Semiotics - A Salad Bowl of Signs!

Semiotics | Signs | 21st August 2021 | Virtual Wire

Semiotics in present times plays a significant role in media analysis. The sound of thunder signifying a storm and turmoil in a movie clip, a thumbs-up action to say best of luck, or convey the message of success is the derivation of meanings that the study of semiotics has facilitated.

Semiotics has always been the interest of many scholars who stated various definitions of semiotics, but all zeroed down to studying the meaning of signs.

Umberto Eco, in his book entitled 'A Theory of Semiotics,' indicated that 'semiotics is concerned with everything that can be taken as a sign. A sign is everything that can be taken as significantly substituting for 'something else' (1979; 7).

According to Umberto Eco, that 'something else does not necessarily exist precisely at the same time when the sign represents or replaces its position. Therefore, Umberto Eco often refers to it as the theory of lie or deception because it can be used for misleading or deceiving others (1976, p. 6-7).

History of Semiotics

The philosophy referring to the relevance of semiotics in the lives of humans began around more than two thousand years ago by the Greek philosophers, documenting its historical basis and its advent, particularly during the emergence of the classical semiotic.

Later in the middle ages, Stoici (Zeno) and other philosophers and academicians debated the meaning and usage of signs in depth. However, the term 'semiotic' did not spring up until the late 18th century, when it was invented and used by a German philosopher named Lambert. There are two pioneers who have made significant contributions to the development of modern semiotics are notably Ferdinand de Saussure (1857-1913), a linguist from Switzerland, and Charles Sanders Peirce (1839-1914), a philosopher from America.

The sign theory emerged when Saussure felt that the idea of linguistic signs should be studied with a more comprehensive theory. This thought led to the introduction of the term "semiology" in a few compilations of lecture notes made by his students based on lectures given from 1907 to 1911, which were subsequently published as a book 'Course in General Linguistics.'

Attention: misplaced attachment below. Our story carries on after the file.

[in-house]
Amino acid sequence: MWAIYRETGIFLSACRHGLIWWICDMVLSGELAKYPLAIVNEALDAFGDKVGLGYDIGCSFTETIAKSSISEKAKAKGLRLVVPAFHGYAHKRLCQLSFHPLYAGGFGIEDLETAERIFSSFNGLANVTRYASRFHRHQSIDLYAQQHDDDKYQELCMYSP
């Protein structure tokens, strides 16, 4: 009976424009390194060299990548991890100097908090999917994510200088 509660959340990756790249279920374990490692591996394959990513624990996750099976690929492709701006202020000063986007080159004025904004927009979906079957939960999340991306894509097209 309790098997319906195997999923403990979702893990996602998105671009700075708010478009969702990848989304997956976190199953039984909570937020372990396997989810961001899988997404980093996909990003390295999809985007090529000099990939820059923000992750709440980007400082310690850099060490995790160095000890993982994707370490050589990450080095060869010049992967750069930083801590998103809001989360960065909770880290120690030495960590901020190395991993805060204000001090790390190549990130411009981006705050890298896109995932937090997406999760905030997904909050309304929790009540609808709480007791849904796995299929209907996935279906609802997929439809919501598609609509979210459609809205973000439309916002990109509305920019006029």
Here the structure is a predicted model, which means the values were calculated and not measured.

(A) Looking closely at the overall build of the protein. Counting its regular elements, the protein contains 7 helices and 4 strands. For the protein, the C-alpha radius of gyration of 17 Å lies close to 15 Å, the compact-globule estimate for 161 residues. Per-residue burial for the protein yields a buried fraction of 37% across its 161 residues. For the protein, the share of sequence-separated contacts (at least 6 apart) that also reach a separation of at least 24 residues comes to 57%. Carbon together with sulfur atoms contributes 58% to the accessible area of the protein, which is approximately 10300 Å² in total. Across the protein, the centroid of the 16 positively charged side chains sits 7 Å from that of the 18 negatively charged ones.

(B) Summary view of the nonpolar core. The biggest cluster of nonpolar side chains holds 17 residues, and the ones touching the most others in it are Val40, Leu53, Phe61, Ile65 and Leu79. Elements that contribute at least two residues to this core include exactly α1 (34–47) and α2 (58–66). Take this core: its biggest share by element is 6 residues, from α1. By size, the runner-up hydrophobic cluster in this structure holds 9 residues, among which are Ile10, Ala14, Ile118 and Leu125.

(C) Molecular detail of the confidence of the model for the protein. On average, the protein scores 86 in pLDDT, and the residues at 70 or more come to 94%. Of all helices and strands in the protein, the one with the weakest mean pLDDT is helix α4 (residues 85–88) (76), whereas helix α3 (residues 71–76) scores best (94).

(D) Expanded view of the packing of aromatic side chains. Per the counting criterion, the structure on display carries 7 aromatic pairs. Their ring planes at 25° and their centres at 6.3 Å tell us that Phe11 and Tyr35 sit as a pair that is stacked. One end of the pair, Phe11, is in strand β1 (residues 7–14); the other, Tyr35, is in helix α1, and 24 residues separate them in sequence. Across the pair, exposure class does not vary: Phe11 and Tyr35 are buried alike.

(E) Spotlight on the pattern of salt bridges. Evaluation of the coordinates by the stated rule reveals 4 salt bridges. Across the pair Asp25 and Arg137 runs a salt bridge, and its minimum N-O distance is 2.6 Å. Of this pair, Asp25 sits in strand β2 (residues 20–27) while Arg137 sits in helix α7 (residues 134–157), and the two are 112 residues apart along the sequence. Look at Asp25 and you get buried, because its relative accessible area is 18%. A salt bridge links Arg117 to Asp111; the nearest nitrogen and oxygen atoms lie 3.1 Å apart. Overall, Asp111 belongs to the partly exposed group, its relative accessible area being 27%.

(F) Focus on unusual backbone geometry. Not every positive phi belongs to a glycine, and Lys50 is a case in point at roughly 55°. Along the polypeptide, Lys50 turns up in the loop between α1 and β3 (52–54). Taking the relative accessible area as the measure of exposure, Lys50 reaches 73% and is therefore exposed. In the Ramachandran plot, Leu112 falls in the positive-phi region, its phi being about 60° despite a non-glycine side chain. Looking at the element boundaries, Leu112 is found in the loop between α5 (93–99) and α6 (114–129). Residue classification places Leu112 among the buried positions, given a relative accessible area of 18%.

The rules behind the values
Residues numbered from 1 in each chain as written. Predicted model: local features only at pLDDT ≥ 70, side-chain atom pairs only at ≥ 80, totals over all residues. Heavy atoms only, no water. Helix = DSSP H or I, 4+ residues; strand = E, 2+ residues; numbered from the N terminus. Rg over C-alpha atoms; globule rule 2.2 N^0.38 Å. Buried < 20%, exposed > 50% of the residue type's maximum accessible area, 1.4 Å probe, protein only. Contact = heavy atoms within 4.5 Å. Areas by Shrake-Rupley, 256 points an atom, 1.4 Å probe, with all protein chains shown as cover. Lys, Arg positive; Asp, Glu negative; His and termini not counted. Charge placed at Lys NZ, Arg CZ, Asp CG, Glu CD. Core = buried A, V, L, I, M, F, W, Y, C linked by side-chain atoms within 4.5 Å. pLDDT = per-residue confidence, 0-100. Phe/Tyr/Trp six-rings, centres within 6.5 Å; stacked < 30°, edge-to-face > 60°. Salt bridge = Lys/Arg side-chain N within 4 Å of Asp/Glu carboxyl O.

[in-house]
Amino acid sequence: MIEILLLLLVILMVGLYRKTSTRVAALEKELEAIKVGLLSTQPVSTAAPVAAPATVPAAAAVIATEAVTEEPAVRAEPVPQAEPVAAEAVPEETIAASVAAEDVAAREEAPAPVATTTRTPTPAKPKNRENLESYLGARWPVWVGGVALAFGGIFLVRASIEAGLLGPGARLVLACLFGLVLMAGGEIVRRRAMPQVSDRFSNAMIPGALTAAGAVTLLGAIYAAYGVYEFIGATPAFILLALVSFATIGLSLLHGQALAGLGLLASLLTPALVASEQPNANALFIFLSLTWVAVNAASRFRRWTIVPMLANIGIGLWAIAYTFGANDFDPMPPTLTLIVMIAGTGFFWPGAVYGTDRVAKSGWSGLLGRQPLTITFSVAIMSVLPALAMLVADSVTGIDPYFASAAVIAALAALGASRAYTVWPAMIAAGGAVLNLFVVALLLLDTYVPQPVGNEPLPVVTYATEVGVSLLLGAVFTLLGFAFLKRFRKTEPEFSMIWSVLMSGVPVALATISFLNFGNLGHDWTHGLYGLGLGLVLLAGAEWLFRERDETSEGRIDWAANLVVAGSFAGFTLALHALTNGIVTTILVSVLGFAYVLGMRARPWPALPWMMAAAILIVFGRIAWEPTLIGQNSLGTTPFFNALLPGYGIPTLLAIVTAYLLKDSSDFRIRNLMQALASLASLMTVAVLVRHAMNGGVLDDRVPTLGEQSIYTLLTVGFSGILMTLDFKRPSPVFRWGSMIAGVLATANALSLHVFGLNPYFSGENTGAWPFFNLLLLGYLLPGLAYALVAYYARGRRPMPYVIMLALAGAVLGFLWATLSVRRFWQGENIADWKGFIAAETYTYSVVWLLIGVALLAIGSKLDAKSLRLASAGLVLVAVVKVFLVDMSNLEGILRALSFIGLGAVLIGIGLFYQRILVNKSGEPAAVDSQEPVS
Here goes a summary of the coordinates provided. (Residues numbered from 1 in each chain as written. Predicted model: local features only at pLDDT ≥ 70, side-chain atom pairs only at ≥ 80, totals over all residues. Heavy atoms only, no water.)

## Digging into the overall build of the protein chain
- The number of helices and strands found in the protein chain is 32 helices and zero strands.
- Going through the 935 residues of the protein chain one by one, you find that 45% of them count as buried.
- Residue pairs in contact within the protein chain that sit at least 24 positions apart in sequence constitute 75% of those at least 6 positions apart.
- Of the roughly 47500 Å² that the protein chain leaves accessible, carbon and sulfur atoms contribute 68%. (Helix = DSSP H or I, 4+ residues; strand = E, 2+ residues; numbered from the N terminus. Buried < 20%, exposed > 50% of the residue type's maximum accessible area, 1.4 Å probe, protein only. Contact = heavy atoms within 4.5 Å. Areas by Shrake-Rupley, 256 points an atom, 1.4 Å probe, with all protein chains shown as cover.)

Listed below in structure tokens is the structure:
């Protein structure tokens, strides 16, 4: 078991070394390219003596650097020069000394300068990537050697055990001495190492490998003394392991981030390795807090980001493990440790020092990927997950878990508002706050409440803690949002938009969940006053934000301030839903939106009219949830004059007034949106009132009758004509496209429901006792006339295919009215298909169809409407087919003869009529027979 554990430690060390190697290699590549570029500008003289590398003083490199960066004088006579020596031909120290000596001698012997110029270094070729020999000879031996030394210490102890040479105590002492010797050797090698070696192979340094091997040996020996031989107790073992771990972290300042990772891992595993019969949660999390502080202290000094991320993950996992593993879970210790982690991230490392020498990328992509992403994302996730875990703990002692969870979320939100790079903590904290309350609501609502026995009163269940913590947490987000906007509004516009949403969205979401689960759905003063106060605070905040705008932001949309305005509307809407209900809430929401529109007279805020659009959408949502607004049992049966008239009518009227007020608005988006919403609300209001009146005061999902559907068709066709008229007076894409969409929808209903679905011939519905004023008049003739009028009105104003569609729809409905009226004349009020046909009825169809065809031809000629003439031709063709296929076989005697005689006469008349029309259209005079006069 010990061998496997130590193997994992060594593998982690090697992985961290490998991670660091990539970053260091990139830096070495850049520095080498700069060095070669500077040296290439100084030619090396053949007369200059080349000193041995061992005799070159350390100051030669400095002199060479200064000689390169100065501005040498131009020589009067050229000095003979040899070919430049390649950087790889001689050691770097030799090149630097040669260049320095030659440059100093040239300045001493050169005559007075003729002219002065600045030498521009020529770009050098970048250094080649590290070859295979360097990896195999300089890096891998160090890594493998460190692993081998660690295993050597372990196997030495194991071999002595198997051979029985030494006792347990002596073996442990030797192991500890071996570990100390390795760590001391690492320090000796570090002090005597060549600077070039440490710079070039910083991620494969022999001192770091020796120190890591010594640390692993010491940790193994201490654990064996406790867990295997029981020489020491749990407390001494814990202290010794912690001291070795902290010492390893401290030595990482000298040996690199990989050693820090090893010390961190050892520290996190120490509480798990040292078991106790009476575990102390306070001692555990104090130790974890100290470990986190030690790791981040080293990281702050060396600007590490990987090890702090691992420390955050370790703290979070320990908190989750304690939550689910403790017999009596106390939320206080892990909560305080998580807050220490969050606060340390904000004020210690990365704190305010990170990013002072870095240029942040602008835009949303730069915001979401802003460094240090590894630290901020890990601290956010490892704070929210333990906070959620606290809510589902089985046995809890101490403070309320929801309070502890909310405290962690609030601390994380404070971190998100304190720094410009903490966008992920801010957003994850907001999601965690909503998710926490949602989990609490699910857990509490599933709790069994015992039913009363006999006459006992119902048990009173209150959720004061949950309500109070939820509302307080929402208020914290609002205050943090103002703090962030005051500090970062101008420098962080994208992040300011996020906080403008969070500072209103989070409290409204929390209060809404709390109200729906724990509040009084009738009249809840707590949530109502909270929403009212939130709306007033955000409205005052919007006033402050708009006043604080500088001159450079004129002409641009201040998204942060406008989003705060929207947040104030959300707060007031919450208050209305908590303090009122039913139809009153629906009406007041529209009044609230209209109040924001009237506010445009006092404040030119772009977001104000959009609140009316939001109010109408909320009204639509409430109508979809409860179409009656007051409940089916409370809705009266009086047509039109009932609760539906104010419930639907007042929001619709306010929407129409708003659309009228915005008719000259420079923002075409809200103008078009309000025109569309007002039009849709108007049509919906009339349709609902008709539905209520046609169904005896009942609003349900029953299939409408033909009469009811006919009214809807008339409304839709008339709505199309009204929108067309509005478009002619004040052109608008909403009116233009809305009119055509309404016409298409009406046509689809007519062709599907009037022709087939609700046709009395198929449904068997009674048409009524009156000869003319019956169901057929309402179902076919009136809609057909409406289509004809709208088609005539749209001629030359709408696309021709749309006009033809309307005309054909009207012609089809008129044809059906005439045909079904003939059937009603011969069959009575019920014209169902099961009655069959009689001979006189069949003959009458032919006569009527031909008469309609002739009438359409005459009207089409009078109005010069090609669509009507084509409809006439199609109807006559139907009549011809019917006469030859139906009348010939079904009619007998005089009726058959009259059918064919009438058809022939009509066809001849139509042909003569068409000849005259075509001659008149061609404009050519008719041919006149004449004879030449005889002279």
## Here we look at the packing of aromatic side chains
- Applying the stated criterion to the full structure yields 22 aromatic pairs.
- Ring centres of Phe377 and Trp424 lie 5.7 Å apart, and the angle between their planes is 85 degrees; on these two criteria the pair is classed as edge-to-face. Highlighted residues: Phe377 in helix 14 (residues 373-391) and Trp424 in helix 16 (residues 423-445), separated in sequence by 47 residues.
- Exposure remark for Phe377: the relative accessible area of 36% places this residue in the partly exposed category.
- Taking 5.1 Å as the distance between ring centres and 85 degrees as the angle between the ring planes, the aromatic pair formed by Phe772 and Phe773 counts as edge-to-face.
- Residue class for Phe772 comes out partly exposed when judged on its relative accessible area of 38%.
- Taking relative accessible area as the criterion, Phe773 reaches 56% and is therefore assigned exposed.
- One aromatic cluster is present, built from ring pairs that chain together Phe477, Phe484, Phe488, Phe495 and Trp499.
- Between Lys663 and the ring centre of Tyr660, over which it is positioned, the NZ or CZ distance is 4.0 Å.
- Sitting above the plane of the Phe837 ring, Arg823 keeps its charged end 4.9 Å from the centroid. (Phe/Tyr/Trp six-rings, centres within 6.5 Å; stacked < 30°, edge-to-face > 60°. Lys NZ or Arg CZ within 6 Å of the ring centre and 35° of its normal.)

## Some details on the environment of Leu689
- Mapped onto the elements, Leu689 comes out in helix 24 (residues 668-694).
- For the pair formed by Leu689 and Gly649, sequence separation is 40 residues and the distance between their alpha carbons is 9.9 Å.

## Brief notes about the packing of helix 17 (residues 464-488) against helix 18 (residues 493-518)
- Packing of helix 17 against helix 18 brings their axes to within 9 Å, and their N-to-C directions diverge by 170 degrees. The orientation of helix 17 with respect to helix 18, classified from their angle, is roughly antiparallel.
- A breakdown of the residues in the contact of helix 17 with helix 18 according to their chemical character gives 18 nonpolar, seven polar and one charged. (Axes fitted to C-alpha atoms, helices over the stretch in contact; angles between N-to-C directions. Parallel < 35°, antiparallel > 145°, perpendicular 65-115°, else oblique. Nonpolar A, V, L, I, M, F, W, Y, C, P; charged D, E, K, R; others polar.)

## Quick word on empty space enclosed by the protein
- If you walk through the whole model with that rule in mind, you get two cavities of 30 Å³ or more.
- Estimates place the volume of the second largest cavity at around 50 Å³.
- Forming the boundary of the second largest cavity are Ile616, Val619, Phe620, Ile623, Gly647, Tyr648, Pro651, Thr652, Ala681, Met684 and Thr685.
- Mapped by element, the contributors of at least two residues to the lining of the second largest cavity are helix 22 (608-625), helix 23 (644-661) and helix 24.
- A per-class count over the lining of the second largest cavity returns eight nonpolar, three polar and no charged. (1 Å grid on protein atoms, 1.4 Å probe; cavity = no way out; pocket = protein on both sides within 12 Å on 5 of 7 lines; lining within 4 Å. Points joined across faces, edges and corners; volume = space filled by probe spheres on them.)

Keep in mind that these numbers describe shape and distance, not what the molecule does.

Though there are several other signs and expressions, Saussure gave precedence to the language system of signs. Saussure's theory of sign deals with the two-dimensional system, the consensus or conventional system, and the networking relationship between the signs system and the unstructured system.

The human mind has abilities of reasoning which were given a greater emphasis in sign theory. This was done by focusing on the internal structure of the human mind, which is devoted to deriving meanings from the physical (tangible) and abstract (intangible) signs surrounding it that includes linguistic forms in the language system and that carries specific functions as humans and helps the human race to interact. This can be said as language does not reflect reality but rather constructs it (Science Direct, Halina Sendra Mohd. Yakin and Andreas Totu / Procedia - Social and Behavioral Sciences 155 ( 2014 ) 4 – 8).

Unlike Saussure, who coined the term 'semiology,' Peirce used the concept' semiotic,' which he believed was synonymous with the notion of logic that emphasizes the knowledge of the human thinking process, as illustrated in his writings released (1931/1958). The human psyche and sign limitations, the three-dimensional system (triadic/trichotomy), and the relativity regarding the three typologies or taxonomies of signs (icon, index, and symbol) are the key concepts behind Peirce's theory (Science Direct, Halina Sendra Mohd. Yakin and Andreas Totu / Procedia - Social and Behavioral Sciences 155 ( 2014 ) 4 – 8).

The Distinction Between Saussure's and Pierce's Theories

Saussure's theory was founded on the idea of a dichotomy or duality basis, according to which a sign consists of two focal components, namely signifier-the sound pattern (marker-sound picture) and signified-the concept (the outcome/the interpretation/conception of the signifier). A material shape (physicality) that exists explicitly and can be identified by human senses often falls under the category of the signifier.

On either hand, signified refers to anything that does not exist in its literal and tangible form but only exists in an abstract sense. Saussure asserted that both concepts have a very close relationship and have a mutual need and complement each other. It means that both cannot be separated, i.e., one aspect will not exist without the existence of the other (Chandler, 2001)

Peirce's theory of sign concentrates on three-dimensional or triadic and trichotomy systems. Peirce divides sign into three categories: sign or representation or ground, object as referent, and third interpretant. The first concept of the sign is synonymous with the signifier. However, the signified in Pierce's theory does not have relevance. For this, he has brought in the concept of object and interpretant.